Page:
Everyone is taught in school about how America is the greatest country on Earth due to the rights and freedoms its people enjoy, and we’ve seen this in action over the past four months with the presidential election and its aftermath of protests, etc.
In other words, it’s just another reminder that such liberties are alive and well today thanks to the brave military personnel who have fought to preserve democracy.
While many soldiers of yesteryear died in battle, others have gone on to live long and productive lives. They’ve willingly shared their unique experiences and allowed those of us who weren’t there to gain a better understanding of conflicts such as World War II — arguably the defining event of the 20th century.
Sadly, our community lost a fine example of this in recent days with the passing of William F. “Bud” Liebenow, 97, who had a distinguished career as a naval officer in both the Pacific and European theaters. This included rescuing future President John F. Kennedy after his PT-109 crisis and helping to prepare for the D-Day invasion through a clandestine mission — then leading a rescue of its casualties.
Mr. Liebenow lived in our community late in life after moving here from Edenton, and he departed this world leaving it a better place because of his efforts.
Before Mr. Liebenow’s death, we lost other heroic figures from World War II.
They included U.S. Army veteran Jack Leach, this area’s last-surviving serviceman of the Pearl Harbor attack, who died in 2016, and before him Thurmond Midkiff in 2015.
Mr. Midkiff was a member of the Army’s Rattlesnake Squad in Italy, a special unit operating within the infantry. However, he also was known for his peacetime service that included leading Honor Guard rites at more than 1,000 military funerals.
The long gray line earlier had been thinned with the passing in 2013 of Worth Haynes, a veteran of the Italian Campaign who served in the Army’s Polar Bear regiment.
Then there was Norman Webb (2011), who was among the first troops to hit the beaches on D-Day, helped stop the German advance at the Battle of the Bulge and was actively involved in the liberation of Paris and Berlin.
Those wonderful gentlemen come readily to mind because I was lucky enough to have interviewed each of them and help record their historic memories for posterity.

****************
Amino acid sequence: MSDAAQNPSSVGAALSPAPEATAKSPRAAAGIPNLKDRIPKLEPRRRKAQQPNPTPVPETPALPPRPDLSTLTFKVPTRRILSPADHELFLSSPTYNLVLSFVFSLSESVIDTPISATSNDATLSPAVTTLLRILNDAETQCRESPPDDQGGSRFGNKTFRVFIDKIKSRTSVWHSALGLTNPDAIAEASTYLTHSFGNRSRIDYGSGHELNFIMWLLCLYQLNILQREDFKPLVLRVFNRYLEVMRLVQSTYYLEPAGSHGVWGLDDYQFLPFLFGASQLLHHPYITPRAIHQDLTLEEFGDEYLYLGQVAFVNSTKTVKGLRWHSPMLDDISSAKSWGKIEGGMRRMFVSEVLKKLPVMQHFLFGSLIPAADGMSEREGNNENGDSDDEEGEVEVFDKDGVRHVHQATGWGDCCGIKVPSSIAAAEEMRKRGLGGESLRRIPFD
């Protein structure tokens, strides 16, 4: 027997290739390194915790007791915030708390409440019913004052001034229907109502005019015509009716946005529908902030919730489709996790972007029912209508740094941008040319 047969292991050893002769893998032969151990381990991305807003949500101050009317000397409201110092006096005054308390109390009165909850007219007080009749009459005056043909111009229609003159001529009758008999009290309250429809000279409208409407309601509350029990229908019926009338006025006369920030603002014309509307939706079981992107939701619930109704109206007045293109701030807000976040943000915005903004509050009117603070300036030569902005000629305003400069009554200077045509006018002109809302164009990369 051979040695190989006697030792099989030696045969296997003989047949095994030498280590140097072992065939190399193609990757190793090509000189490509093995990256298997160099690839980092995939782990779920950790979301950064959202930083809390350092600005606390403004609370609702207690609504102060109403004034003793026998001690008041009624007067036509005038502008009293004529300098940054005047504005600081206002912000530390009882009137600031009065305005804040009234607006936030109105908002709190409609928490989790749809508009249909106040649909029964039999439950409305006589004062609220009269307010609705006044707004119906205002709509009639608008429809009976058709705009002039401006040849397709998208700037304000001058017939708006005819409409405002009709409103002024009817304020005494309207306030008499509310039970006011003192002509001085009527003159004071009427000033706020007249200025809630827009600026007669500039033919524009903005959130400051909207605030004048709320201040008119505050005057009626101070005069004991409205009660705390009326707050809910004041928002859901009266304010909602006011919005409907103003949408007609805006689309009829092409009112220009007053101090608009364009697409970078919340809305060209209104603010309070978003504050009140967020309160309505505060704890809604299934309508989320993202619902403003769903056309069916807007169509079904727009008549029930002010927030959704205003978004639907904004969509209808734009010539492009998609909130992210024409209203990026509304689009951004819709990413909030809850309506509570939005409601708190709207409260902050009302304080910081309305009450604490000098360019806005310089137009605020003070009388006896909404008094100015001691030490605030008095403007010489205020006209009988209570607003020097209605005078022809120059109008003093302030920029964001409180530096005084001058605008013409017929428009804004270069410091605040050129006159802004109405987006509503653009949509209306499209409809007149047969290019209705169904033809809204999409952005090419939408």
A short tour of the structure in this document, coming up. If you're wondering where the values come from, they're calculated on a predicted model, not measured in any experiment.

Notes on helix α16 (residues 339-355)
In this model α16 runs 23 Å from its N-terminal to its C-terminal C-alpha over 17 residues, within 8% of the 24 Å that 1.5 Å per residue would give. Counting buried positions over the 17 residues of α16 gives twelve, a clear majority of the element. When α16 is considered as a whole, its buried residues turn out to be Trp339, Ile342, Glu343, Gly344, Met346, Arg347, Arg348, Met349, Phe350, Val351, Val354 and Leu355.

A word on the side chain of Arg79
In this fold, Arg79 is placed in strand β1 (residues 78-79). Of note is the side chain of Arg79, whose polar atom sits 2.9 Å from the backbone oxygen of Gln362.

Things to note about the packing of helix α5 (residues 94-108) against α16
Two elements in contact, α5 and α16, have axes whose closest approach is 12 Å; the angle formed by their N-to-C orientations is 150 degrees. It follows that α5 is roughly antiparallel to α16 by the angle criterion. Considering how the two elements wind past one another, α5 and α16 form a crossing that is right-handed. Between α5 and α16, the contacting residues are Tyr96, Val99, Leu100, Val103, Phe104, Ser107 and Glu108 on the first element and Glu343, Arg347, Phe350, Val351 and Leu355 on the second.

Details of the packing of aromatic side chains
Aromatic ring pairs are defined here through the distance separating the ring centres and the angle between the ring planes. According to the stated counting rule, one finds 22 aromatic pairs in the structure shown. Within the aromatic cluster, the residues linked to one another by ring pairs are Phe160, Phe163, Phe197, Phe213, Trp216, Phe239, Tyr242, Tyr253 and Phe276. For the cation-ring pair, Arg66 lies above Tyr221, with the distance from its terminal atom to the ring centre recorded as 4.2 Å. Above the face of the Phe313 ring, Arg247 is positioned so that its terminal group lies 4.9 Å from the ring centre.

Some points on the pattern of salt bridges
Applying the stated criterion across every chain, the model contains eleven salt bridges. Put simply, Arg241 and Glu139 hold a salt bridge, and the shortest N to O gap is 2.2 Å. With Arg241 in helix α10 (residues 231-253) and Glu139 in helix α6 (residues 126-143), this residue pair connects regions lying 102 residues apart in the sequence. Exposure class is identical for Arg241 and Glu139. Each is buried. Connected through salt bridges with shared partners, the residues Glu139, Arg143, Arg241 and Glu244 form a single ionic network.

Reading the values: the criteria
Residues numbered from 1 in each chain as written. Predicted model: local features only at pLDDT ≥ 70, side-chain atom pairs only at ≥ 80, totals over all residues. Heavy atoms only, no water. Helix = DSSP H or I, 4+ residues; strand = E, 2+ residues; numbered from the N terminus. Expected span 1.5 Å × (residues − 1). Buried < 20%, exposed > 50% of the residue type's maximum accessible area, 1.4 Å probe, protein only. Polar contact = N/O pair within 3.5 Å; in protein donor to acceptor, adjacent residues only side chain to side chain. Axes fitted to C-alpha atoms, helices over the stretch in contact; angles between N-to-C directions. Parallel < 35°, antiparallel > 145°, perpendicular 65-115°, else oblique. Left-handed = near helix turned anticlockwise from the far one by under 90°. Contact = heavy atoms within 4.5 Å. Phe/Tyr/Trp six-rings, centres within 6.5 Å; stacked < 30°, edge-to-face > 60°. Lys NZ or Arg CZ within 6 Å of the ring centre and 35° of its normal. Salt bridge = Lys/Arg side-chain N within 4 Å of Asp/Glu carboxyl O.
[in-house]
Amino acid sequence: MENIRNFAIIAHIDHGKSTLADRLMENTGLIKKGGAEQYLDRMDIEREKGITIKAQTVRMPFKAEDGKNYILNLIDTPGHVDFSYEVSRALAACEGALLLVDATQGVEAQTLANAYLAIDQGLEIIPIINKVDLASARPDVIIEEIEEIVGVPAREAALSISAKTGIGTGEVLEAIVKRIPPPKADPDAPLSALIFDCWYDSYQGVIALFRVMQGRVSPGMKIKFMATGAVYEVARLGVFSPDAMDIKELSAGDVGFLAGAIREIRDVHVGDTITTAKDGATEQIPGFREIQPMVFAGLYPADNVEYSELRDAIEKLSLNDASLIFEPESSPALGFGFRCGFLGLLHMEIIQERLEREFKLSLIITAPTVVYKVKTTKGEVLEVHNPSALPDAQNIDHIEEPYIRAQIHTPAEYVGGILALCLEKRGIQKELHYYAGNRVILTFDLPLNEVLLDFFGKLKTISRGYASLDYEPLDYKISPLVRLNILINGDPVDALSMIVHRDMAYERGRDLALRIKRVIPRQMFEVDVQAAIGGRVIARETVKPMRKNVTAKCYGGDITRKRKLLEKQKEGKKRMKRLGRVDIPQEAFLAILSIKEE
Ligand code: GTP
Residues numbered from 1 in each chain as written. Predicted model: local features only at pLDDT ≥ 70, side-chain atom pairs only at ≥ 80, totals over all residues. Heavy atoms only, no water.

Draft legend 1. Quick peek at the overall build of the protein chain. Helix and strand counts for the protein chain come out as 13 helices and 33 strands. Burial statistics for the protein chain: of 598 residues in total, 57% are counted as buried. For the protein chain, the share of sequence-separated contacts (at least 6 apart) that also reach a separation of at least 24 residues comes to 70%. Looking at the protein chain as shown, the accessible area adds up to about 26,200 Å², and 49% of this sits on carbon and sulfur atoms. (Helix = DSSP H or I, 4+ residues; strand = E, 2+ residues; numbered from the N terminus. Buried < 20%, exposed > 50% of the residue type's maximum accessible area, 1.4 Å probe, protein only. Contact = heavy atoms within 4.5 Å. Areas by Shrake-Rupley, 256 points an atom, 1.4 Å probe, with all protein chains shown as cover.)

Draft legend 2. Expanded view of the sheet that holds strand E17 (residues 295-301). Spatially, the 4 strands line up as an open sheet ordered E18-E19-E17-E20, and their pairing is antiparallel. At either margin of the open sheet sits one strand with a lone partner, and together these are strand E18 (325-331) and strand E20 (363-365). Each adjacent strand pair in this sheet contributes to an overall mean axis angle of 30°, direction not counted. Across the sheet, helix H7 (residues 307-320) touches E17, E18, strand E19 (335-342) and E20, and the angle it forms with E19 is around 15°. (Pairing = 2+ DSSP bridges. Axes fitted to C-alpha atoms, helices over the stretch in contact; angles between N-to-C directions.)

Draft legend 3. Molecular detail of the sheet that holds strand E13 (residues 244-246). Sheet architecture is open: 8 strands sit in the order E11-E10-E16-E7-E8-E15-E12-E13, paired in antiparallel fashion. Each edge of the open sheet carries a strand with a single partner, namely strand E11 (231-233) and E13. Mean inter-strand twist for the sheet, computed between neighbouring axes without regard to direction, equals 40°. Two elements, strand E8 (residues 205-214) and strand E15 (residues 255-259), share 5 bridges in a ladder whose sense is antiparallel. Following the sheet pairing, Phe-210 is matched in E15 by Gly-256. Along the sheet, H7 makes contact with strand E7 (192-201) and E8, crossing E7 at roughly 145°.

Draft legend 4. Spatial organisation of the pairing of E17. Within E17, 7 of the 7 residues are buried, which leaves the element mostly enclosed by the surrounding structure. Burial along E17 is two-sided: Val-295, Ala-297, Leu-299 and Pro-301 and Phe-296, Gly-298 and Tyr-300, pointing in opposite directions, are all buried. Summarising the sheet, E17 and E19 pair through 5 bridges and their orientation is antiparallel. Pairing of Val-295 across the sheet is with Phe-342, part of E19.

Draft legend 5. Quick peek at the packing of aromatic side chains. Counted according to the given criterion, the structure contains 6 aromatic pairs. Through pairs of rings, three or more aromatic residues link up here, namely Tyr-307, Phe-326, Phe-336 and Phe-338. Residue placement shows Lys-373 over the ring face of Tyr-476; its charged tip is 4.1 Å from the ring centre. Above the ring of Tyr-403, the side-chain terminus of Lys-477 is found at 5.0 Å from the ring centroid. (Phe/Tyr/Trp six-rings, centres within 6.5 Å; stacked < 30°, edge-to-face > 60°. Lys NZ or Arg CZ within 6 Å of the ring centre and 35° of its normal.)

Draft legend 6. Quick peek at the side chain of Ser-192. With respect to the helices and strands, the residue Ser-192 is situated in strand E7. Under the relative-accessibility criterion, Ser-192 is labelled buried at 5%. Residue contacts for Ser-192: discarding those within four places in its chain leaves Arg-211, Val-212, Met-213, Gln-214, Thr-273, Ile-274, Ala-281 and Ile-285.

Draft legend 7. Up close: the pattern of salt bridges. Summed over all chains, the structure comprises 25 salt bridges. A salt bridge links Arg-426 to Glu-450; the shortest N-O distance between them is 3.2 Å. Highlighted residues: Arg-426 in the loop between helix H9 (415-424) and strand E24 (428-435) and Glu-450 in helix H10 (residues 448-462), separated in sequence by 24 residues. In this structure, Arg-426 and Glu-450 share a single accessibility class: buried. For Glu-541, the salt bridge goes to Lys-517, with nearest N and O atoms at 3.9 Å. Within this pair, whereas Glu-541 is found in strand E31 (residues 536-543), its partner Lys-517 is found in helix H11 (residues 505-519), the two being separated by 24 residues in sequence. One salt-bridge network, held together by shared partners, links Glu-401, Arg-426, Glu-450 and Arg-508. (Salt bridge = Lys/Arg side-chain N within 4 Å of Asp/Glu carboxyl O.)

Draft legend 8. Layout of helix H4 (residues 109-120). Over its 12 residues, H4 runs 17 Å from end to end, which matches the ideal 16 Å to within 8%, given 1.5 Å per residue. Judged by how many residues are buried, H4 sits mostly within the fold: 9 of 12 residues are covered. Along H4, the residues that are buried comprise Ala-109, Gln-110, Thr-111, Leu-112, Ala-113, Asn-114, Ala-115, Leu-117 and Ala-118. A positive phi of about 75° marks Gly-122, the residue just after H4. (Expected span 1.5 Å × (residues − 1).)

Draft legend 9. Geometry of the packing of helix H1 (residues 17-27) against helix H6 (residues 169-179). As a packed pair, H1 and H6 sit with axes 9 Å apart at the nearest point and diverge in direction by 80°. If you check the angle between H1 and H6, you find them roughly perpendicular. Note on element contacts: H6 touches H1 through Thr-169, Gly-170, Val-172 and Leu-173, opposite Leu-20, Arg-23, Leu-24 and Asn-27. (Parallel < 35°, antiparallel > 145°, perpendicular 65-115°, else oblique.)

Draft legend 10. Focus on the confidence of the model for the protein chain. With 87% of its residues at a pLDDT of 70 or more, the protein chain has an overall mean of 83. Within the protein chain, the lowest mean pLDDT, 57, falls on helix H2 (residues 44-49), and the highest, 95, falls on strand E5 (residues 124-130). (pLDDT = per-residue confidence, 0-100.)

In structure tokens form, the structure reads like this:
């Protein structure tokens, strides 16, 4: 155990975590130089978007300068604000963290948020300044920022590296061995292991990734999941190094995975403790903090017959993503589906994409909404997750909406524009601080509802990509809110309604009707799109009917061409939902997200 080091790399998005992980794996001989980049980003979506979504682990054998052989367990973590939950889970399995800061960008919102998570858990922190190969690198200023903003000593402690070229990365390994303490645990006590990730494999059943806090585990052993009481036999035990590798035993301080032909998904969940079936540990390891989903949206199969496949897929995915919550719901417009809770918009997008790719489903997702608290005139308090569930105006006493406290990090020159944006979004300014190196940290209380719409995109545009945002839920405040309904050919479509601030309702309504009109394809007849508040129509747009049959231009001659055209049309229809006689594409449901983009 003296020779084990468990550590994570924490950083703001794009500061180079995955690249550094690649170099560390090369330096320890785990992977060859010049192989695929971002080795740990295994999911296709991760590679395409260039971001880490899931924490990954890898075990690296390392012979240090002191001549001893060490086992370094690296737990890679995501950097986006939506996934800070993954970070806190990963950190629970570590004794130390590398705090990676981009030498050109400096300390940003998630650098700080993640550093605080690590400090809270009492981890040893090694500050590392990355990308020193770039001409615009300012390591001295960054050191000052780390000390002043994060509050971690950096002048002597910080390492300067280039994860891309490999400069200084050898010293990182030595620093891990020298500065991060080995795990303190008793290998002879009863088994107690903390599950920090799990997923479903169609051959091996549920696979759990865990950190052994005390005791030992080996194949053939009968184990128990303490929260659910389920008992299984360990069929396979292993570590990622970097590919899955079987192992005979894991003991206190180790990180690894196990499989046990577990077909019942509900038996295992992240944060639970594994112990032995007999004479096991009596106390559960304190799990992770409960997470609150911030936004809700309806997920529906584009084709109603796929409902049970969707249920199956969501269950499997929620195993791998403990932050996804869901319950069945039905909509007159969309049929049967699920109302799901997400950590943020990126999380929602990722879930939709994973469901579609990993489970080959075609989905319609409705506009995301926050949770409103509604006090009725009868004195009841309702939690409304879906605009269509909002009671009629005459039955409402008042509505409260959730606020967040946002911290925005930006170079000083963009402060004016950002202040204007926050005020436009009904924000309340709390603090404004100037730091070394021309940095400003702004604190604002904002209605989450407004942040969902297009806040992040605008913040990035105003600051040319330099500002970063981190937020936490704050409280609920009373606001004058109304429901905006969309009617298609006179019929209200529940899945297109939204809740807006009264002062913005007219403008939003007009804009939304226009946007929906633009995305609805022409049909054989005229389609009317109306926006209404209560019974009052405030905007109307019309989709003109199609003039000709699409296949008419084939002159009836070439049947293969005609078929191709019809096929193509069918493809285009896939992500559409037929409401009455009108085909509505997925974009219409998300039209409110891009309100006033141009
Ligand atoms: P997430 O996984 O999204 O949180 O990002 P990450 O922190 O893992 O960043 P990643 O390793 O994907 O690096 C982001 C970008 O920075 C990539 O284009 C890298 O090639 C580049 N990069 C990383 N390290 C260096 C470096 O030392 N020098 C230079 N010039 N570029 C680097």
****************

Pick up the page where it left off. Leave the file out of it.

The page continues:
While they were high-profile local veterans, there are countless others whose exploits didn’t make the newspaper pages but whose blood ran red just the same. They might have died during the war before their stories could be told, or been among the hundreds of thousands more who lived for many decades afterward and quietly faded away without fanfare.
The ranks of surviving vets of the Second World War are diminishing at the rate of around 500 per day, according to the National World War II Museum in New Orleans. At last report, only about 855,070 remained from the 16 million who served this country during the conflict.
Of course, it is unrealistic to expect that these great patriots will live from now on, but there is a bright side to the situation.
It involves employing technology to provide the next-best thing to living forever, ensuring that the experiences of our veterans won’t be lost to the sands of time.
I recently learned of a joint operation in the Martinsville, Virginia, area between local government, historical groups and a museum. They announced an effort to preserve such memories through a new film project that will allow veterans’ oral histories to be preserved.
Organizers’ aim is to produce videos of interviews with every World War II veteran they can find, in addition to an overall video to summarize their experiences.
The beauty of such a project is that it will allow veterans to share their memories and have those recorded for posterity while they are still here and able to participate.
There is no reason why this effort can’t be duplicated in our own history-minded area.
While the U.S. has engaged in numerous conflicts during its existence, beginning with the French and Indian War, there was none where the global stakes were higher than World War II.
I can’t imagine how life would be today under the rule of Nazi Germany, the Empire of Japan and Fascist Italy.
But thanks to the enduring efforts of America’s service personnel, modern-day citizens don’t have to protest those regimes — which likely would fast-track them to the grave — and are instead free to gripe about Donald Trump.
Tom Joyce is a staff writer for The Mount Airy News. He may be reached at 336-415-4693 or on Twitter @Me_Reporter.